Charles Hodges.
     Next to Mr. McIlhenny in point of long service as a Dallas hotel proprietor, is Charles Hodges. Mr. Hodges began the management of the old National hotel in 1887. In 1894, Mr. Hodges assumed charge of the St. George. He is still proprietor of the St. George and of the Windsor as well. Mr. Hodges expects to soon add a modern addition of forty or fifty rooms, each with bath, to the St. George. Like the other elder veteran Dallas Boniface, Mr. Hodges says Dallas will be famous just as long as her hotels maintain their present splendid reputation.
     From the first Crutchfield House, capable of entertaining on a pinch, twenty-five or thirty guests, to the present splendid and capacious hotels of today, is a long step and a far cry. To-day, Dallas has the Oriental with 250 rooms, the Majestic with 250 mores, the Imperial with 150, the St. George with 100, the Windsor with 100.

The Immense Southland.
     By the opening of the next Fair, the Southland, with 200 rooms, will be open to the public. These hotels, combined, furnish 1050 rooms. When needed, hotel men estimate, a hotel can be made to accommodate, on an average, four guests for each room. Thus, it will be seen that the leading hotels of Dallas can take care of about 5000 strangers. Smaller hotels and public boarding houses can easily care for as many more. It is asserted with confidence that, without crowding and with comparative effort, Dallas' public eating and resting places can easily arrange and provide for at least 15,000 strangers. No city of its size can surpass this. Few can equal it. It is no wonder that managers of big conventions like to bring their gatherings here. As they are needed, there will be more hotels. Dallas knows what they mean to all her people and will not be without them.

- June 16, 1907, Dallas Daily Times Herald, Section II, p. 2, col. 4-6.
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Built by an Exiled Monarchist From France -- Jefferson Davis a Guest in
1873 -- Walls of Concrete and the Timbers of Oak.
An Interesting Sketch.


(Written for the Times Herald.)

      An unusual interest has been manifested in the old concrete house on the corner of Live Oak and Harwood streets, which, for nearly four decades, has been a landmark in Dallas.  The early history of this venerable home is contemporary with the most thrilling stories of pioneer adventure, and could be woven into a romance transcending even later day fiction.  Its passing away recalls an era of simple faith in humanity, of generous impulse, deep sympathy and high ideals, an era in diametric contrast to the present age of strenuous and, oftimes, unscrupulous effort, the keynote of which is commercialism.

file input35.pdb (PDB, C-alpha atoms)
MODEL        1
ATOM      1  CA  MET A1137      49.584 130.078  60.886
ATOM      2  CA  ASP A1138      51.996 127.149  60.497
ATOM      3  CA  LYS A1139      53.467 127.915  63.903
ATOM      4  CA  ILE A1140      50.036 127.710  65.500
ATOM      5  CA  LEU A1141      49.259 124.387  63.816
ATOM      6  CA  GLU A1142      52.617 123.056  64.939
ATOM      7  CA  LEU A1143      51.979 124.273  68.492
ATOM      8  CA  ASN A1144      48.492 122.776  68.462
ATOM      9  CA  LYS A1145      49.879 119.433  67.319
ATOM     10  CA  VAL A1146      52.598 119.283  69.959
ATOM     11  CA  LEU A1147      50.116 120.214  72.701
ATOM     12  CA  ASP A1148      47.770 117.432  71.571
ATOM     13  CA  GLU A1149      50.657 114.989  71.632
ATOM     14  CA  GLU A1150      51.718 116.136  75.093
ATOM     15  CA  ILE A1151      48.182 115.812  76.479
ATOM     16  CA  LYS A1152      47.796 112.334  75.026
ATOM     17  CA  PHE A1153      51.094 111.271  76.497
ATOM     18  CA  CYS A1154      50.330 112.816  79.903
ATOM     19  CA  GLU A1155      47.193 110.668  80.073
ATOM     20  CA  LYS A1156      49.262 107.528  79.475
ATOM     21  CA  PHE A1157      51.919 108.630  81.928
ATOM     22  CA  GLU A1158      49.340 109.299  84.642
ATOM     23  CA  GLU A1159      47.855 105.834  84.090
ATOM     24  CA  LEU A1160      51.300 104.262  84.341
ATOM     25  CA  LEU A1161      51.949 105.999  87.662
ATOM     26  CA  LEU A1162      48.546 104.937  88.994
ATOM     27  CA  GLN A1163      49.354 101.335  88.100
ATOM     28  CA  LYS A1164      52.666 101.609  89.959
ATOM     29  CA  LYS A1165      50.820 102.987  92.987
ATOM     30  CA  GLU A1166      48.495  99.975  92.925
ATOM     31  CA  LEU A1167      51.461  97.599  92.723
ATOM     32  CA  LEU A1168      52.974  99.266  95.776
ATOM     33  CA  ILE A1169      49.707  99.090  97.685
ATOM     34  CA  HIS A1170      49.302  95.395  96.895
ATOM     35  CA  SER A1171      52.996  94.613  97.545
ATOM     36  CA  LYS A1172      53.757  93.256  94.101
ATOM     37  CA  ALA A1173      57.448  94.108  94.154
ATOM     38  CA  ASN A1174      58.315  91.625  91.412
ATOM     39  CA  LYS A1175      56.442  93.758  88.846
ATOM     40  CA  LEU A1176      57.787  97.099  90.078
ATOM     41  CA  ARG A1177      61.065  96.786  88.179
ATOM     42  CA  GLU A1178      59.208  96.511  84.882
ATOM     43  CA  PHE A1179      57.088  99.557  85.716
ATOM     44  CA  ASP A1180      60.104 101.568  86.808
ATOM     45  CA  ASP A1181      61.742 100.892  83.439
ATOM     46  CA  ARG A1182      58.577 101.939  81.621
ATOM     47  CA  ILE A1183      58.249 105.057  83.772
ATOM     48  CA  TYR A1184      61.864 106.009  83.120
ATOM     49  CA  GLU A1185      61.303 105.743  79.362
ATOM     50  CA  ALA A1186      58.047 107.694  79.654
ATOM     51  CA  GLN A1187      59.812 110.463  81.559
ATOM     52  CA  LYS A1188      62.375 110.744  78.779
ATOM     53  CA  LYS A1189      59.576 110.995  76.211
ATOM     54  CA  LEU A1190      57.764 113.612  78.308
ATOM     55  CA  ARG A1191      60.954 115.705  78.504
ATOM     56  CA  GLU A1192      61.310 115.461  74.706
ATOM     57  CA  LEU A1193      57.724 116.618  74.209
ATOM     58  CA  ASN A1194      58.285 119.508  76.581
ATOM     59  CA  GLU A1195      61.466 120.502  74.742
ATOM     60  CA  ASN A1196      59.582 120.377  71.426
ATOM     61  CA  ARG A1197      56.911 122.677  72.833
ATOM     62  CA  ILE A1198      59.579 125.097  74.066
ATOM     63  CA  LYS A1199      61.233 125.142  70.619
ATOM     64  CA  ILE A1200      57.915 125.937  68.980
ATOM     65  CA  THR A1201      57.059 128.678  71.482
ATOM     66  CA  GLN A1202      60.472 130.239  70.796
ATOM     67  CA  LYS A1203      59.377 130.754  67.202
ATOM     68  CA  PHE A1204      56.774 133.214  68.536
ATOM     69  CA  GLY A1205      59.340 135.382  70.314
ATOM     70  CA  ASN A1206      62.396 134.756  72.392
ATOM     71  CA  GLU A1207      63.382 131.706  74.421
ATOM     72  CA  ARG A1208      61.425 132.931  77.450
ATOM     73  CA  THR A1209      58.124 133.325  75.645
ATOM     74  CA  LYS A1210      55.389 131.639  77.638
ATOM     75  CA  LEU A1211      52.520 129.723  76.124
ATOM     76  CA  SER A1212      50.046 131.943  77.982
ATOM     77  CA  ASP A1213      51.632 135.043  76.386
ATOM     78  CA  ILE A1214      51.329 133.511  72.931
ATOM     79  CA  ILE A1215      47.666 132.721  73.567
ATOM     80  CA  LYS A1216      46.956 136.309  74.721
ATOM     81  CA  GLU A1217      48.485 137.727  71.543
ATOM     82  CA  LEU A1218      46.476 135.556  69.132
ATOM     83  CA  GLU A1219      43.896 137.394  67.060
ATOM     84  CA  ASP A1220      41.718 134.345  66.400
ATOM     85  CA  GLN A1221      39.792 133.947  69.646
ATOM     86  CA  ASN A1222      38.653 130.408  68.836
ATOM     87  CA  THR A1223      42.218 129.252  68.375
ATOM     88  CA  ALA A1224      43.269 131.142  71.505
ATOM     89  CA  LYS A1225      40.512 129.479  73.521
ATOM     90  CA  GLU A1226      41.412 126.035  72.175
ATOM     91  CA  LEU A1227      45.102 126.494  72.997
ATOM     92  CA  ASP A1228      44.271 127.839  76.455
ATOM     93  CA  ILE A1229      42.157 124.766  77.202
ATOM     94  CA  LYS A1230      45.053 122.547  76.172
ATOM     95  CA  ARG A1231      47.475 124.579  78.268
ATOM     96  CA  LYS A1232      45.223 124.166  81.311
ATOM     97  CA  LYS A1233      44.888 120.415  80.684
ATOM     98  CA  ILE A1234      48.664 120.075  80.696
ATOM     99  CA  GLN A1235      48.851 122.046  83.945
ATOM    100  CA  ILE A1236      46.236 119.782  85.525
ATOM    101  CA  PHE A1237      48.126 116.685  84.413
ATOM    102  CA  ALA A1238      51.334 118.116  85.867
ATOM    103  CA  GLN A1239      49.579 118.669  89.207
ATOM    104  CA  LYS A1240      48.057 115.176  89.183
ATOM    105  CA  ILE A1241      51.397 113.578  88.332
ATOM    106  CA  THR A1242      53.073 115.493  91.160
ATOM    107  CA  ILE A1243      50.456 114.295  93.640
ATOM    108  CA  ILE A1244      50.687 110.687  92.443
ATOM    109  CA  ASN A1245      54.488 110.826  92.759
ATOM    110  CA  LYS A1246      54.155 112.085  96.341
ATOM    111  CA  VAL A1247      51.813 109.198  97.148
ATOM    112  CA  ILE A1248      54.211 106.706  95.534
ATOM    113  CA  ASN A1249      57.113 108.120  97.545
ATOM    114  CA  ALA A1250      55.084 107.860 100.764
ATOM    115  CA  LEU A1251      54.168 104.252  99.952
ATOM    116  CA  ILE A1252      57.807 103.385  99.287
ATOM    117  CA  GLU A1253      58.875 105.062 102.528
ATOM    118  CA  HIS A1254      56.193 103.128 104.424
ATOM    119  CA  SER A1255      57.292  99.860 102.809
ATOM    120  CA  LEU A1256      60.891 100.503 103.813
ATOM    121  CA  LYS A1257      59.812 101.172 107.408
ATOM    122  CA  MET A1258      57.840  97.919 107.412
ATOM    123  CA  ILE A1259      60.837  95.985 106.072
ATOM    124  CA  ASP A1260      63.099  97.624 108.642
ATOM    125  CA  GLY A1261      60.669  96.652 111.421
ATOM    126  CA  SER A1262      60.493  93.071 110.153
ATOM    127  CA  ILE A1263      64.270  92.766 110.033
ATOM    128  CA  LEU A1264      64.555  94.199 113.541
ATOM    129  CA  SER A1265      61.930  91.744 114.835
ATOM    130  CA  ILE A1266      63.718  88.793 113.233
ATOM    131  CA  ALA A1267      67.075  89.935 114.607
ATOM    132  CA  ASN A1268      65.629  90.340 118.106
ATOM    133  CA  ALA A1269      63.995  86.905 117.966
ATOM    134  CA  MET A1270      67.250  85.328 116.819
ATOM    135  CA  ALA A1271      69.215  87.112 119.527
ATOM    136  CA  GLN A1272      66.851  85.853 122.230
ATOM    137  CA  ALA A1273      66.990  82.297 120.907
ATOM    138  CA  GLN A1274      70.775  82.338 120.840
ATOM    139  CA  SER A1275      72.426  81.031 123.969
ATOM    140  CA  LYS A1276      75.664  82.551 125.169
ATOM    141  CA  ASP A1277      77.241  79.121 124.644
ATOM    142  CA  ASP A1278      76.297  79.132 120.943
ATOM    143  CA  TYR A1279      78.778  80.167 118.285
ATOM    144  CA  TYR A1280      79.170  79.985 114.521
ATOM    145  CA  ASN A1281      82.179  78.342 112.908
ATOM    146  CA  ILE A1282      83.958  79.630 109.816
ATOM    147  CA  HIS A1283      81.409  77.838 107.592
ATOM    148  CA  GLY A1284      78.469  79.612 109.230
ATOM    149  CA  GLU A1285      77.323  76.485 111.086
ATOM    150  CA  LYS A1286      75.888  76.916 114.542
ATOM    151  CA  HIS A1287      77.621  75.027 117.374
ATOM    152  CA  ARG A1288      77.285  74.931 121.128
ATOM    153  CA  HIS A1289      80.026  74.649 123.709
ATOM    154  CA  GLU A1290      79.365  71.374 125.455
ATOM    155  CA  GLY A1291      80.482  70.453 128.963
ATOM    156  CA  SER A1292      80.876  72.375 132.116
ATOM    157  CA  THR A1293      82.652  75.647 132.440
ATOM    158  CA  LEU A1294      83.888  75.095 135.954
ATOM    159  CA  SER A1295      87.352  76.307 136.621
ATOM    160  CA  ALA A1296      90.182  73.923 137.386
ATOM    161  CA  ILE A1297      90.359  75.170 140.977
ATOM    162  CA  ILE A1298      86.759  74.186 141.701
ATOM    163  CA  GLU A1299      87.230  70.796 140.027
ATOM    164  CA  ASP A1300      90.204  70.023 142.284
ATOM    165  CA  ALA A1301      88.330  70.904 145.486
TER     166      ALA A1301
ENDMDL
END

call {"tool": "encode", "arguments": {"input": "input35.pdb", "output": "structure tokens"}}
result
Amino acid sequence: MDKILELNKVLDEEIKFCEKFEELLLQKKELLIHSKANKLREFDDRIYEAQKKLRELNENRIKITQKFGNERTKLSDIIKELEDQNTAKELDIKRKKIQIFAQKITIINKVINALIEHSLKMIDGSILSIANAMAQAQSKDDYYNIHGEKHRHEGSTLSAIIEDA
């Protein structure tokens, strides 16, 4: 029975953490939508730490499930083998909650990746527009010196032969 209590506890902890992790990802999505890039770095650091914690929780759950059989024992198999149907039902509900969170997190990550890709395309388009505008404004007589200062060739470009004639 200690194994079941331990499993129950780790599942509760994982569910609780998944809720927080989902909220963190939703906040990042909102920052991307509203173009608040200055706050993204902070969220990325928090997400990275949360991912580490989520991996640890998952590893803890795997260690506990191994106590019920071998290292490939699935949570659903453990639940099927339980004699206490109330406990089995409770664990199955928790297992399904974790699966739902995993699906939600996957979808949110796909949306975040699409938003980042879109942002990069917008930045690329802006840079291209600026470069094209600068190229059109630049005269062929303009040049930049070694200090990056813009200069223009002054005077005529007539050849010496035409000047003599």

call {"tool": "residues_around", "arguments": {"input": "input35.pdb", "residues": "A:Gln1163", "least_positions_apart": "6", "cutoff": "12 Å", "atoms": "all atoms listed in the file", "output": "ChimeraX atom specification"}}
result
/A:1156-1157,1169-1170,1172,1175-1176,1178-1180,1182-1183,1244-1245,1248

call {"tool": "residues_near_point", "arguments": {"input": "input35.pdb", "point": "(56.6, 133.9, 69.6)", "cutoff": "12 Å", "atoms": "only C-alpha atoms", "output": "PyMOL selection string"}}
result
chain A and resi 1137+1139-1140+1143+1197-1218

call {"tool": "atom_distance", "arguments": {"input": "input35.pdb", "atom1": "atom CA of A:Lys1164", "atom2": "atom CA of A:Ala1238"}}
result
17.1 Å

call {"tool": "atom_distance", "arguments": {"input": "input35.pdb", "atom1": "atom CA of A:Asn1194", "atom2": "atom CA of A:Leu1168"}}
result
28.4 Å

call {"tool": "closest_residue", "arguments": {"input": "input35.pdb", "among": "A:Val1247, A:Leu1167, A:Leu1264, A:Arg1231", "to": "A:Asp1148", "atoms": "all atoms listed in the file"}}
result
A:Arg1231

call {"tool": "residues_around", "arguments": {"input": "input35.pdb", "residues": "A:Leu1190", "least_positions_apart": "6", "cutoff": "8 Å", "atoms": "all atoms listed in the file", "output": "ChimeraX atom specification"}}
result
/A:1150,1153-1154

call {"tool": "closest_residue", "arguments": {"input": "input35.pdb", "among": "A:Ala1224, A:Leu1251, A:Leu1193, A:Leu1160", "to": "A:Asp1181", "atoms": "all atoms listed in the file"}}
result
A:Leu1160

The builder of this house, Maxime Guillot, having lost his patrimony in the revolutions attending the mutation of empire and republic in France, lost, with the flight of Louis Philippe in '48, the last hope of retrieving the fallen fortunes of his house.  A romantic love of adventure beckoned him to Mexico, then an El Dorado whose fabulous wealth would have shamed the Arabian Nights.  Destiny, chance and a French officer in the garrison at Fort Worth, cast his lot in Texas.  The young Frenchman, homesick for Paris and the boulevards, theaters and gaieties, remained three years with his compatriot in Fort Worth and finally located at Dallas, in his prophetic view, the future metropolis of the great Southwest.  The Guillot home was built in 1869, and is of a type familiar in southern France, Mexico and French Algiers, where the heat of the long summers renders them especially desirable.  The walls of the Live Oak street house are eighteen inches thick, the windows broad and deep, and the hottest day in August finds the temperature within, delightfully cool. All the wood used in its construction is oak, cut in the Trinity river bottoms, for, although, a water power saw mill adorned the banks of the river even at this early day, there was no pine lumber in the country.  The doors, blinds and windows came in ox wagons from Houston, and a great deal of admiring comment was lavished upon them when they eventually arrived.
     Prior to this, all the houses in Dallas were built of hewn logs, some weather-boarded and others having the "chinks" filled with sun-baked clay.  It is not surprising that this house, at its completion, became a veritable "show place," people coming from great distances to see it, and its owner being obliged to keep open house for several weeks.
     A history-making epoch now dawned for this French home in pioneer Texas. Many of the men prominently identified with the history of the commonwealth of Texas were entertained within its hospitable walls.  Among them, Lubbock, Throckmorton, the democratic Sam Houston, the illustrious Reagan; Considerant, a member of the French chamber of deputies, who projected the French colony of Reunion; Major Arnold, commandant of the United States post at Fort Worth, who wore the cross of the Legion of Honor for conspicuous gallantry at Sebastopol, and last, but by no means least in point of interest and sensation, the beautiful daughter of Baron La Fite, who spent a fortune in searching for the buried treasure of her Corsair ancestor. Also, John Henry Brown, the Texas historian.